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Frontiers of Literary Studies in China

Front Liter Stud Chin    2012, Vol. 6 Issue (2) : 198-207     DOI: 10.3868/s010-001-012-0012-8
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Disease and Humanity: Ba Jin and His Ward Four: A Wartime Novel of China
Haili Kong()
Department of Modern Languages and Literatures, Swarthmore College, Philadelphia 19081-1397, USA
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Abstract

“Family” as Ba Jin’s intense concern seems to be a central icon of his literary works, carrying through from his Family (1933) to Cold Nights (1947). After briefly reassessing Ba Jin’s literary contribution in his early phase, this essay will focus more on Ba Jin’s novels written in the 1940s, particularly his Ward Four, which rarely attracts critical attention. For Lu Xun, mental disease in China was more crucial than physical disease. Ba Jin uses both mental and physical diseases to explore humanity in a wartime hospital. Ba Jin’s early novels were infused with more radical ideas, but as a more mature writer in the 1940s he provided readers with a new perspective to explore and understand society.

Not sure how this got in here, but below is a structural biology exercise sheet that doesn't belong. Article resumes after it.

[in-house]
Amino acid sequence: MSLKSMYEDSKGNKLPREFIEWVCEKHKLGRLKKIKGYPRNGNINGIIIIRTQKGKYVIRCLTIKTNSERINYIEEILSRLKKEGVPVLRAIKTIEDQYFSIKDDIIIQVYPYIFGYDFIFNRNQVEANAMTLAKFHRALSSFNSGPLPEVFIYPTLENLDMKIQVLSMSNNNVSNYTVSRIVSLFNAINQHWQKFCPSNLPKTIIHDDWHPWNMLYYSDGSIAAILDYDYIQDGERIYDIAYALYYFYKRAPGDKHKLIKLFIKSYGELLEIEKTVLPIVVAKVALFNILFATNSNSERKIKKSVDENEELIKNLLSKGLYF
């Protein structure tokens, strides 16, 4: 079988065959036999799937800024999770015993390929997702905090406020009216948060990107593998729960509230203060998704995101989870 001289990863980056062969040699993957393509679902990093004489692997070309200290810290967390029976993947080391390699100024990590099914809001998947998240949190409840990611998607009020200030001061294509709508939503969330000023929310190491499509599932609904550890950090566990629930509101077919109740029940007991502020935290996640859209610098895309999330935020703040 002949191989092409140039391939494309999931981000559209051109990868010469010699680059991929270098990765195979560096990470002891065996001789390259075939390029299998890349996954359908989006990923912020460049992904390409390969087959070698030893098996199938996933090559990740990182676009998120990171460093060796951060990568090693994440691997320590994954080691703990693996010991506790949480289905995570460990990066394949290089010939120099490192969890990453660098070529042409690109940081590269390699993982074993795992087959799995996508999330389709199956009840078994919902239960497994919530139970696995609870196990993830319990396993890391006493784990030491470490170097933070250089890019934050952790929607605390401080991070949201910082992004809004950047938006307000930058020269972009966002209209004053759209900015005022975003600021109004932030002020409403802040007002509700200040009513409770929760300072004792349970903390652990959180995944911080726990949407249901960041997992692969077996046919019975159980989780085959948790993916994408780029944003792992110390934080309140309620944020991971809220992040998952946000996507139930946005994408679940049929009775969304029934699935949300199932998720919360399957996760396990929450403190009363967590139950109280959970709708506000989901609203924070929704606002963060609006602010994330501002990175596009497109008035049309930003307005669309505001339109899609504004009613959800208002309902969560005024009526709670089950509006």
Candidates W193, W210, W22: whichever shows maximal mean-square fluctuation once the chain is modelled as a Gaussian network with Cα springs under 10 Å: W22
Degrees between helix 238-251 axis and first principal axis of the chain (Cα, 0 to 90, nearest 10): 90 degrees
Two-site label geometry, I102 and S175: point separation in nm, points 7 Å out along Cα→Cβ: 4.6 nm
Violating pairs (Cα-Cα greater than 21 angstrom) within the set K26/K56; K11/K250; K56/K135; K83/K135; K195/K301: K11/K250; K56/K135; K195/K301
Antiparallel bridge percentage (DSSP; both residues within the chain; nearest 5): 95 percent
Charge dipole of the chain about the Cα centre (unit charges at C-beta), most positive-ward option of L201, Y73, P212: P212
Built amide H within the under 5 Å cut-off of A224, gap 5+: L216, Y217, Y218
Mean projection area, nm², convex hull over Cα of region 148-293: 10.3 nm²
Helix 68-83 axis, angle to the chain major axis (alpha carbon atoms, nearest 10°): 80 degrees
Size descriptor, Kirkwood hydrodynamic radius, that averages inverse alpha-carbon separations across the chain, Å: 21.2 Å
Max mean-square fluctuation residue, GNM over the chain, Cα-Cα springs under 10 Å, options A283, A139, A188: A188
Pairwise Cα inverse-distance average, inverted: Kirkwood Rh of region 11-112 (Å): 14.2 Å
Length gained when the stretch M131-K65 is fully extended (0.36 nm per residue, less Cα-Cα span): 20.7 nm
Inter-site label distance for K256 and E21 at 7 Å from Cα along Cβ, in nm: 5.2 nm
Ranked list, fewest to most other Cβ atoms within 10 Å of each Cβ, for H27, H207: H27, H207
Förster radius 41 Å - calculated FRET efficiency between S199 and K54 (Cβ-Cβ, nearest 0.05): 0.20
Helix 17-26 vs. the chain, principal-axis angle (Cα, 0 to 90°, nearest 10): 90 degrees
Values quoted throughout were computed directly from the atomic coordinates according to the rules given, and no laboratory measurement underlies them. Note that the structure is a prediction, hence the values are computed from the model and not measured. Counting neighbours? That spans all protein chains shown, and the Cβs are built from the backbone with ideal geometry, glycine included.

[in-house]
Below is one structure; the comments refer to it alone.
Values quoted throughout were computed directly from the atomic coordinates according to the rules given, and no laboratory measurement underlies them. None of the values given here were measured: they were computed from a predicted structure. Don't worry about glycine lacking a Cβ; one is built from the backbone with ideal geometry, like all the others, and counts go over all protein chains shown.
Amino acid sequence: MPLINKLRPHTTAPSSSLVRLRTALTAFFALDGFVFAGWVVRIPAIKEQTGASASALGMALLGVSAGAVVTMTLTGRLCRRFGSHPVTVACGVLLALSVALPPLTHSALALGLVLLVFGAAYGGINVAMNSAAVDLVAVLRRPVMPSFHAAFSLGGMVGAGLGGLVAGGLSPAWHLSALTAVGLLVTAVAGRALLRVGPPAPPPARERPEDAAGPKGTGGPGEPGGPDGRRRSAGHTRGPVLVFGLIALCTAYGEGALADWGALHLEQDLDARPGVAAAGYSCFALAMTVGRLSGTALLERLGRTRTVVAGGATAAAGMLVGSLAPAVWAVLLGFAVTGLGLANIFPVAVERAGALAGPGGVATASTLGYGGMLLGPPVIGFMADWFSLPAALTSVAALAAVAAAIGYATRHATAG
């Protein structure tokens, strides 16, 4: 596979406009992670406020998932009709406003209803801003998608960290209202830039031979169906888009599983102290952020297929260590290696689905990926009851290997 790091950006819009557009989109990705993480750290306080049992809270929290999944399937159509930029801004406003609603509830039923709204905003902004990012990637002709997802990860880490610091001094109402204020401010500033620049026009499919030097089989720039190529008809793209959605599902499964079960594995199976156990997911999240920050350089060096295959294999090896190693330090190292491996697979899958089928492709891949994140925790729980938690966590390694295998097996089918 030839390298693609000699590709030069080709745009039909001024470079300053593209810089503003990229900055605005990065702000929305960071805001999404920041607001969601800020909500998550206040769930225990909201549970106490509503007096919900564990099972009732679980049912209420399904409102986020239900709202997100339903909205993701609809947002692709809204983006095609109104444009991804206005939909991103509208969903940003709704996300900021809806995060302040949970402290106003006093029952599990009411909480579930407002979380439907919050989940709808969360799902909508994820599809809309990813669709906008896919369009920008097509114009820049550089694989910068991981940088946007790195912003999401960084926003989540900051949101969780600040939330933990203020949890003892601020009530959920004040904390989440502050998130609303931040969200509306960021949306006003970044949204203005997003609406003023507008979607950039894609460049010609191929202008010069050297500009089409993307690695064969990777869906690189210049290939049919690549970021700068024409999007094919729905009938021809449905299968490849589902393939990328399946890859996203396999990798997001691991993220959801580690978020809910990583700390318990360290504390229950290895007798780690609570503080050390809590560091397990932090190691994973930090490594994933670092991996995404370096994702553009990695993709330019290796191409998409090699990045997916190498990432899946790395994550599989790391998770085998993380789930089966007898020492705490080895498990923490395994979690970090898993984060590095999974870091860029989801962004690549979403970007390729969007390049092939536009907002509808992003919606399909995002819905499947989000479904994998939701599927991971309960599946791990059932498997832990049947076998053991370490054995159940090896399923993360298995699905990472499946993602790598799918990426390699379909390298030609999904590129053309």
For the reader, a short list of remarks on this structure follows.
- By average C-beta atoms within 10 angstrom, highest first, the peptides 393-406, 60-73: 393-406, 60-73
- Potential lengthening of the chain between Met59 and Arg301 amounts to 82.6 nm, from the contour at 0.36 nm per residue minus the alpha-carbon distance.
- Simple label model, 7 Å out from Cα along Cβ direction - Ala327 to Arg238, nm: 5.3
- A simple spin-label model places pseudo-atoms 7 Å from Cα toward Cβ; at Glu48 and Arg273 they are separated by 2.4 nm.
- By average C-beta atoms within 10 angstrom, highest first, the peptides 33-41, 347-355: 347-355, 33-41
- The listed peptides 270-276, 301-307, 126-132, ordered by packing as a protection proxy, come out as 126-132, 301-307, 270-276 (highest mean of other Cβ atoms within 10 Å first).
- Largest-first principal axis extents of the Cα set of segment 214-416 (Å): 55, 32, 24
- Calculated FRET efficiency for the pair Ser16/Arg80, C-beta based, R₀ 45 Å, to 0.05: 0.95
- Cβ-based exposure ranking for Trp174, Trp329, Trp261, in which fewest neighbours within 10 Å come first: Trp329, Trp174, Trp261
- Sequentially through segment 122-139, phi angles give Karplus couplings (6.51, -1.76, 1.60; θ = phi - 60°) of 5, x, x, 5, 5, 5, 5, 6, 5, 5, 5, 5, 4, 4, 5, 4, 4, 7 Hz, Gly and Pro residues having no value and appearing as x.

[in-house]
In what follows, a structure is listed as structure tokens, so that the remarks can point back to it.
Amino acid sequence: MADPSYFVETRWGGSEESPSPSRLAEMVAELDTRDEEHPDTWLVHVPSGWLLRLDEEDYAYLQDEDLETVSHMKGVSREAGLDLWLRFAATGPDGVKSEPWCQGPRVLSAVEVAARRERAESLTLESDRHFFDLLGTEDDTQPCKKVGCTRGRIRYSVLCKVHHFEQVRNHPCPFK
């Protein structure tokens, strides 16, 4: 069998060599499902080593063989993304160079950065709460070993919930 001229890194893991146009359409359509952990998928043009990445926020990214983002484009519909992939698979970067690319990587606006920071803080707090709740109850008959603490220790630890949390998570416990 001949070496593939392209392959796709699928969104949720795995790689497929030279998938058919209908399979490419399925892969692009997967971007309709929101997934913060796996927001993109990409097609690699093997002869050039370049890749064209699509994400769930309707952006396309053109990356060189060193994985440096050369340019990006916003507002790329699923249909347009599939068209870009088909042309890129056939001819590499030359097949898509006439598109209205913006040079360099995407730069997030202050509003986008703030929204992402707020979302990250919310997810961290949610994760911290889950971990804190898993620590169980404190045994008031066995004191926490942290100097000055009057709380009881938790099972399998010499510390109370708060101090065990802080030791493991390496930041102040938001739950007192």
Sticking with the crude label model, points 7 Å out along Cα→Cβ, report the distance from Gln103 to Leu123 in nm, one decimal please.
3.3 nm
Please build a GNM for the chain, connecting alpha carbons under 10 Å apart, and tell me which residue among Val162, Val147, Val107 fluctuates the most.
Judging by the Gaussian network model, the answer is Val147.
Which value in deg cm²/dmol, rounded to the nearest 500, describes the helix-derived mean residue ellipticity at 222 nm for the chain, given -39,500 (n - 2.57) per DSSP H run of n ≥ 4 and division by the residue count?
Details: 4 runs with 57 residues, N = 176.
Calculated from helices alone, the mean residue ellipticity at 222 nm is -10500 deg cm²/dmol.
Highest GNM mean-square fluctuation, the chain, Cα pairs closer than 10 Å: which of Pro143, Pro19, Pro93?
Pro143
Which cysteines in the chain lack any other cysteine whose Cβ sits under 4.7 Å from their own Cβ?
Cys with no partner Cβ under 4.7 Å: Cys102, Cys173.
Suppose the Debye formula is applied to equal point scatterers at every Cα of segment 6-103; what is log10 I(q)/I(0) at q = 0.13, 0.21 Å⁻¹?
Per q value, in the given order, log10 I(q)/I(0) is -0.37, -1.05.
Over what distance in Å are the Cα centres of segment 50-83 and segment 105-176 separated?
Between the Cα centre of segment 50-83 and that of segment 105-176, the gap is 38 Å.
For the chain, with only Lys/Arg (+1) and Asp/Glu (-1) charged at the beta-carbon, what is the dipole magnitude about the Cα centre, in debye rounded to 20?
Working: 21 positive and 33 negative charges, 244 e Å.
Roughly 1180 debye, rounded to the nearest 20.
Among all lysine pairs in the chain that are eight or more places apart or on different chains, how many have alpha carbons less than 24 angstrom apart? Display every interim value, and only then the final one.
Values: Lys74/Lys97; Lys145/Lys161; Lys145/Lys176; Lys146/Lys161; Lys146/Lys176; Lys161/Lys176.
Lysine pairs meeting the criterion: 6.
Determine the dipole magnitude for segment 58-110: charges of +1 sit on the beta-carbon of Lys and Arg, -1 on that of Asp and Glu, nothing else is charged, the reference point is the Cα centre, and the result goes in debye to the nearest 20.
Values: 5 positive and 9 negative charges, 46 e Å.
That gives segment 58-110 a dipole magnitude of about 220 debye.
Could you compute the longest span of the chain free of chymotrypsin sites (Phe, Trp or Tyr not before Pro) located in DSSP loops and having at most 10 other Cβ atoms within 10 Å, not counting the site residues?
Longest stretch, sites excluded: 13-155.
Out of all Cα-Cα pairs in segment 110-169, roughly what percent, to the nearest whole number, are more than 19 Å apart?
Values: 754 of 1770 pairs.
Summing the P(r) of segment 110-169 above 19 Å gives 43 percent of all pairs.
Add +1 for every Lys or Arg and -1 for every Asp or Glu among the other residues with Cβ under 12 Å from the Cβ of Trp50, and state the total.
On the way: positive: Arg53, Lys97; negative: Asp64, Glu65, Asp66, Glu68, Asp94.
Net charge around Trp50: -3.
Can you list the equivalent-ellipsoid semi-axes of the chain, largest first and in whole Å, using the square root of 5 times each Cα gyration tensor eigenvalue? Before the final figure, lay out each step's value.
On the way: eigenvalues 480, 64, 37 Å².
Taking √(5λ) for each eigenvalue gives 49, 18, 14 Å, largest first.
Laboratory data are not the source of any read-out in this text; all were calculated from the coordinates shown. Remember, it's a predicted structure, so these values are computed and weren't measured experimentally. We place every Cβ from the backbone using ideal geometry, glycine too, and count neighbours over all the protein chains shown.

Keywords Ba Jin      humanity      disease      family      trauma     
Corresponding Authors: Haili Kong,Email:hkong1@swarthmore.edu   
Issue Date: 05 June 2012
 Cite this article:   
Haili Kong. Disease and Humanity: Ba Jin and His Ward Four: A Wartime Novel of China[J]. Front Liter Stud Chin, 2012, 6(2): 198-207.
 URL:  
http://journal.hep.com.cn/flsc/EN/10.3868/s010-001-012-0012-8
http://journal.hep.com.cn/flsc/EN/Y2012/V6/I2/198
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